<< Chapter < Page | Chapter >> Page > |
By adding and subtracting $f\left(x\right)g(x+h)$ in the numerator, we have
After breaking apart this quotient and applying the sum law for limits, the derivative becomes
Rearranging, we obtain
By using the continuity of $g\left(x\right),$ the definition of the derivatives of $f(x)$ and $g(x),$ and applying the limit laws, we arrive at the product rule,
□
For $j\left(x\right)=f\left(x\right)g\left(x\right),$ use the product rule to find ${j}^{\prime}(2)$ if $f\left(2\right)=3,{f}^{\prime}\left(2\right)=\mathrm{-4},g\left(2\right)=1,$ and ${g}^{\prime}\left(2\right)=6.$
Since $j\left(x\right)=f\left(x\right)g\left(x\right),{j}^{\prime}\left(x\right)={f}^{\prime}\left(x\right)g\left(x\right)+{g}^{\prime}\left(x\right)f(x),$ and hence
For $j\left(x\right)=({x}^{2}+2)(3{x}^{3}-5x),$ find ${j}^{\prime}(x)$ by applying the product rule. Check the result by first finding the product and then differentiating.
If we set $f\left(x\right)={x}^{2}+2$ and $g\left(x\right)=3{x}^{3}-5x,$ then ${f}^{\prime}\left(x\right)=2x$ and ${g}^{\prime}\left(x\right)=9{x}^{2}-5.$ Thus,
Simplifying, we have
To check, we see that $j\left(x\right)=3{x}^{5}+{x}^{3}-10x$ and, consequently, ${j}^{\prime}\left(x\right)=15{x}^{4}+3{x}^{2}-10.$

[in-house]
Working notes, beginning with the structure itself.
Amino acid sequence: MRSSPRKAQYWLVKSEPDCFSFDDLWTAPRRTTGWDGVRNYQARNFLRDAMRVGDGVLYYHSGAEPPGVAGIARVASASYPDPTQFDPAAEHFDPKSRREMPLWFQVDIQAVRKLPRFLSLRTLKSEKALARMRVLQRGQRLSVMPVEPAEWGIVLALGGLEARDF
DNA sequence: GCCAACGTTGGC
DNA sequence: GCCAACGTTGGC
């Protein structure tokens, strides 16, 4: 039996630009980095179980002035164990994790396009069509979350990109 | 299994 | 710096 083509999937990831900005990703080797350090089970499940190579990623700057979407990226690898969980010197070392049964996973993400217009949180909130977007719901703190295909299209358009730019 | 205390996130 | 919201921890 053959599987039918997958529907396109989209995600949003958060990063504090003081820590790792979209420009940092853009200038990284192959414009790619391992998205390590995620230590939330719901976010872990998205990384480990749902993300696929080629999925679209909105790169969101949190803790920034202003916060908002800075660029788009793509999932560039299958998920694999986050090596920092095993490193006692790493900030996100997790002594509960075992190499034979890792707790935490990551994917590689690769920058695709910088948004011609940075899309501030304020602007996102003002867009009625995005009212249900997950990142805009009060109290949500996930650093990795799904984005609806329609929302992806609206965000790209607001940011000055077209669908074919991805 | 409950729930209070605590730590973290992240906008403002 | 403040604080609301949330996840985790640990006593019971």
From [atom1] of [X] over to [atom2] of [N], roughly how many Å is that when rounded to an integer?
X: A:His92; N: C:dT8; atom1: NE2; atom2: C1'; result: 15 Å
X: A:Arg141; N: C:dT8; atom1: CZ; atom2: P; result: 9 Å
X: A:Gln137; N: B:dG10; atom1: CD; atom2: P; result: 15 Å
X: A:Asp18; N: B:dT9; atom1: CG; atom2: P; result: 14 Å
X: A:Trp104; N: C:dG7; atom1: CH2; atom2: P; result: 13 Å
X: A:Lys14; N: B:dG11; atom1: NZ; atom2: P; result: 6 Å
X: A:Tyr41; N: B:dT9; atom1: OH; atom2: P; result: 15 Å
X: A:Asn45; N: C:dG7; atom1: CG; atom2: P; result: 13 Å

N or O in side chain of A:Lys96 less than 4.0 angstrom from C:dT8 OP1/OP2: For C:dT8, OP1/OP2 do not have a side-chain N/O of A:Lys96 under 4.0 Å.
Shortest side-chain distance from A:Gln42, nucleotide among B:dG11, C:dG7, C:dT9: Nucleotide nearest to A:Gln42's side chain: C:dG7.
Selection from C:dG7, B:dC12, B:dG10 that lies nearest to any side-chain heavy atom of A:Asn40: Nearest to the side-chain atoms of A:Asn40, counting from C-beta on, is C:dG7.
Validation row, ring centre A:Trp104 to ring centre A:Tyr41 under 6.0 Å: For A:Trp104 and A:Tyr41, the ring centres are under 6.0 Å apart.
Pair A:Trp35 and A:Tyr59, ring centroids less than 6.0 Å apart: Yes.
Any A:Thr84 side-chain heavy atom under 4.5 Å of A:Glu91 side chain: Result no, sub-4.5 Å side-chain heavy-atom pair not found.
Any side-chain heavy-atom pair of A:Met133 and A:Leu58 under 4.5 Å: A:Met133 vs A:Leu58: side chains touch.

Use the product rule to obtain the derivative of $j\left(x\right)=2{x}^{5}\left(4{x}^{2}+x\right).$
${j}^{\prime}\left(x\right)=10{x}^{4}\left(4{x}^{2}+x\right)+\left(8x+1\right)\left(2{x}^{5}\right)=56{x}^{6}+12{x}^{5}.$
Having developed and practiced the product rule, we now consider differentiating quotients of functions. As we see in the following theorem, the derivative of the quotient is not the quotient of the derivatives; rather, it is the derivative of the function in the numerator times the function in the denominator minus the derivative of the function in the denominator times the function in the numerator, all divided by the square of the function in the denominator. In order to better grasp why we cannot simply take the quotient of the derivatives, keep in mind that
Let $f(x)$ and $g(x)$ be differentiable functions. Then
That is,
The proof of the quotient rule is very similar to the proof of the product rule, so it is omitted here. Instead, we apply this new rule for finding derivatives in the next example.
Use the quotient rule to find the derivative of $k\left(x\right)=\frac{5{x}^{2}}{4x+3}.$
Let $f\left(x\right)=5{x}^{2}$ and $g\left(x\right)=4x+3.$ Thus, ${f}^{\prime}\left(x\right)=10x$ and ${g}^{\prime}\left(x\right)=4.$ Substituting into the quotient rule, we have
Simplifying, we obtain
Find the derivative of $h\left(x\right)=\frac{3x+1}{4x-3}.$
${k}^{\prime}\left(x\right)=-\frac{13}{{(4x-3)}^{2}}.$
It is now possible to use the quotient rule to extend the power rule to find derivatives of functions of the form ${x}^{k}$ where $k$ is a negative integer.
If $k$ is a negative integer, then
If $k$ is a negative integer, we may set $n=\text{\u2212}k,$ so that n is a positive integer with $k=\text{\u2212}n.$ Since for each positive integer $n,{x}^{\text{\u2212}n}=\frac{1}{{x}^{n}},$ we may now apply the quotient rule by setting $f\left(x\right)=1$ and $g\left(x\right)={x}^{n}.$ In this case, ${f}^{\prime}\left(x\right)=0$ and ${g}^{\prime}\left(x\right)=n{x}^{n-1}.$ Thus,
Notification Switch
Would you like to follow the 'Calculus volume 1' conversation and receive update notifications?